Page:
What is the best way to treat plantar fasciitis?

Stretching, inserts. Plantar fasciitis is best treated with stretching exercises (heelcord and plantar fascia) as well as inserts (viscoelastic heel cups or otc orthotics) and activity modification and nsaids may help. Pf is an overuse problem results in ligament degeneration. Some cases will require more aggressive treatment.
Plantar fascilitis. Depends on the cause and the health of the patient. Most problems are due to repetitive stress on the plantar fascia from exercise in poor fitted shoes if this is the case then see a sports doctor about your problem for diagnosis and treatment.
Combo treatment. . If you have plantar fasciitis, and hurt most with the first few steps in the morning, the more you can do together, the better: #1: supportive shoes. #2: firm inserts or orthotics. #3: oral antiinflammatories (check with your doctor). #4: stretching your foot and calf. #5: icing (10 min at a time). You may also need physical therapy or cortisone injections, or eswt if available in your area.
Many. Arch supports, night splints, antiinflammatories, achilles tendon stretches, ice, see a podiatrist if pain persists.

Related Questions

What is the absolutely best way to treat/cure plantar fasciitis? I was diagnosed with plantar fasciitis and now use orthotics in my gym shoes. I also try icing and stretching, but I can't seem to eliminate symptoms. I am athletic and teach group fitness

If . If you have failed icing, stretching, nsaid's such as advil, (ibuprofen) taping, and physical therapy, then you may need injection therapy such as steroid injections. You could also consider extracorporeal shock wave therapy though it is a controversial therapy. Read more...
I . I can't tell you what would be the best treatment option for you. However, you sound like you are active. A great approach that is pretty non- invasive, does not require a scapel or drugs is medical acupuncture. Auricular (ear); chinese scalp and localized treatments could be very benefical for you. . Read more...
Given . Given that so many conservative measures have failed you, i would question the diagnosis at this point. There are many other causes of heel pain besides plantar fasciitis, including stress fractures and inflammation related to an underlying arthritic condition. Given the assumption you actually do have plantar fasciitis, we have learned some things recently that we didn't know before. The two most effective treatments for plantar fasciitis are injections and wearing a night splint. In fact, the injections have been shown to be almost equally effective whether a steroid is injected, or just plain local anesthesia. The other two well-established treatments are some sort of arch support device and calf stretching. In fact, recent studies have strangely shown that over-the-counter arch supports are far more effective than custom made orthotics! given your level of activity, i would be more suspicious of a stress fracture than plantar fasciitis. Perhaps an MRI is necessary to see for certain. It's always best to get an accurate diagnosis first before starting any treatment. Good luck! Read more...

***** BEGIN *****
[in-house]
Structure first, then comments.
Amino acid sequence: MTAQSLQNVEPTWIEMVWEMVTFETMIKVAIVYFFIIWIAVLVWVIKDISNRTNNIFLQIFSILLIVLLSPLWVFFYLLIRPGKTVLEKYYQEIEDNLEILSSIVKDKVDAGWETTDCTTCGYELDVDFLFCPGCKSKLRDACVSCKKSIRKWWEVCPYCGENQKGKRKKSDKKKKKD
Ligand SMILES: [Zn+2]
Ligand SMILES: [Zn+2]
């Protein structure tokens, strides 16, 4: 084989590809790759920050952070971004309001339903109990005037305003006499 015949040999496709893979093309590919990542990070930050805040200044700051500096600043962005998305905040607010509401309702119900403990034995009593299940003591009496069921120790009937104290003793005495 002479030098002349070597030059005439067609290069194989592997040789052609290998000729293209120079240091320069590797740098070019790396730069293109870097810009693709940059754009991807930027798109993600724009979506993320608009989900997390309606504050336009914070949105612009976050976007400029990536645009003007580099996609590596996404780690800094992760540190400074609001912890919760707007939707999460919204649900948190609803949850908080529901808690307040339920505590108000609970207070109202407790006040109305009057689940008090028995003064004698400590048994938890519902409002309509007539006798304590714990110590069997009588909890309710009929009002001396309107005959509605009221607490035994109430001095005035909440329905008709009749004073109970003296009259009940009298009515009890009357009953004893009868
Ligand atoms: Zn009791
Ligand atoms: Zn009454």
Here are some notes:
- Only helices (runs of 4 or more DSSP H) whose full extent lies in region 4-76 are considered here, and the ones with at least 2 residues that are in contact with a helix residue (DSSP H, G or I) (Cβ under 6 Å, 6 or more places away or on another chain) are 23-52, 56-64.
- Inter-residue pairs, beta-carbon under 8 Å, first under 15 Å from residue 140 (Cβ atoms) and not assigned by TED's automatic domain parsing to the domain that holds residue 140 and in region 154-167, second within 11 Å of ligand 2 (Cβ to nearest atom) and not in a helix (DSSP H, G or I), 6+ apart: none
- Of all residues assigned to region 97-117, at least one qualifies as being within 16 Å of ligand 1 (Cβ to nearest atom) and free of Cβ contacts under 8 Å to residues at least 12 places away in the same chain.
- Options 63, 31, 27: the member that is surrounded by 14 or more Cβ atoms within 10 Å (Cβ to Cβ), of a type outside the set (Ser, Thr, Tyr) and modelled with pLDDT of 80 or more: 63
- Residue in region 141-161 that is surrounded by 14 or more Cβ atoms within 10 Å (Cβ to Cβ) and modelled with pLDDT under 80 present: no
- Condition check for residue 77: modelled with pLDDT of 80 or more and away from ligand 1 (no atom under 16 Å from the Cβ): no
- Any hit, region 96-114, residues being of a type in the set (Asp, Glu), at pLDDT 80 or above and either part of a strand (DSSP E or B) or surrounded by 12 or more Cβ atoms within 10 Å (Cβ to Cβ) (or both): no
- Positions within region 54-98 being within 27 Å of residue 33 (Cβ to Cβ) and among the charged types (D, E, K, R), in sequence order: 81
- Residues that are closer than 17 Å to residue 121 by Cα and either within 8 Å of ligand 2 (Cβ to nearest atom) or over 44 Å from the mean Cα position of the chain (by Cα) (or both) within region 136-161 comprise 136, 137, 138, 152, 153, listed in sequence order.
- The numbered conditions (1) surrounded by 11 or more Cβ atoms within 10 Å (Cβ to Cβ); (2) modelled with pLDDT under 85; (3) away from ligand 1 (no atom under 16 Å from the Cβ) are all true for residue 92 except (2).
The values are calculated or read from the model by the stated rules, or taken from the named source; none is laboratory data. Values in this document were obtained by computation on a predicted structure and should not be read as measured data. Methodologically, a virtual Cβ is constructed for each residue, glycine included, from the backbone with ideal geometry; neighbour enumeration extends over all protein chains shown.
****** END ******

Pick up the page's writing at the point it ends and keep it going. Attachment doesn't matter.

See podiatrist. See the professional. I am an endurance athlete (also 60) and had severe pf. I had an injection, a boot to sleep in, exercises, anti-inflammatories, and one month off from running. I got better, but it took time. You must take time off. You need to look at the long haul. See the podiatrist, and follow the recommendation ! good luck. Read more...
Combo treatment. . If you have plantar fasciitis, and hurt most with the first few steps in the morning, the more you can do together, the better: #1: supportive shoes. #2: firm inserts or orthotics. #3: oral antiinflammatories (check with your doctor). #4: stretching your foot and calf. #5: icing (10 min at a time). You may also need physical therapy or cortisone injections, or eswt if available in your area. Read more...
Protocol... I'd say 98% of my plantar fascitis patients respond to non-surgical treatments... Rest, supportive insoles, rx orthotics, otc anti-inflammatories (like aleve), prescription nsaid's, steroid injections, prp injections, physical therapy, etc... If all else fails... Surgery. Read more...
Plantar fasciitis. There is no one best way to treat this condition. Other docs have listed the options , so read their answers , too. Surgery is an option but should be your last option. In my practice I am about 99% successful with conservative care - so give it a good chance . Best of luck. Read more...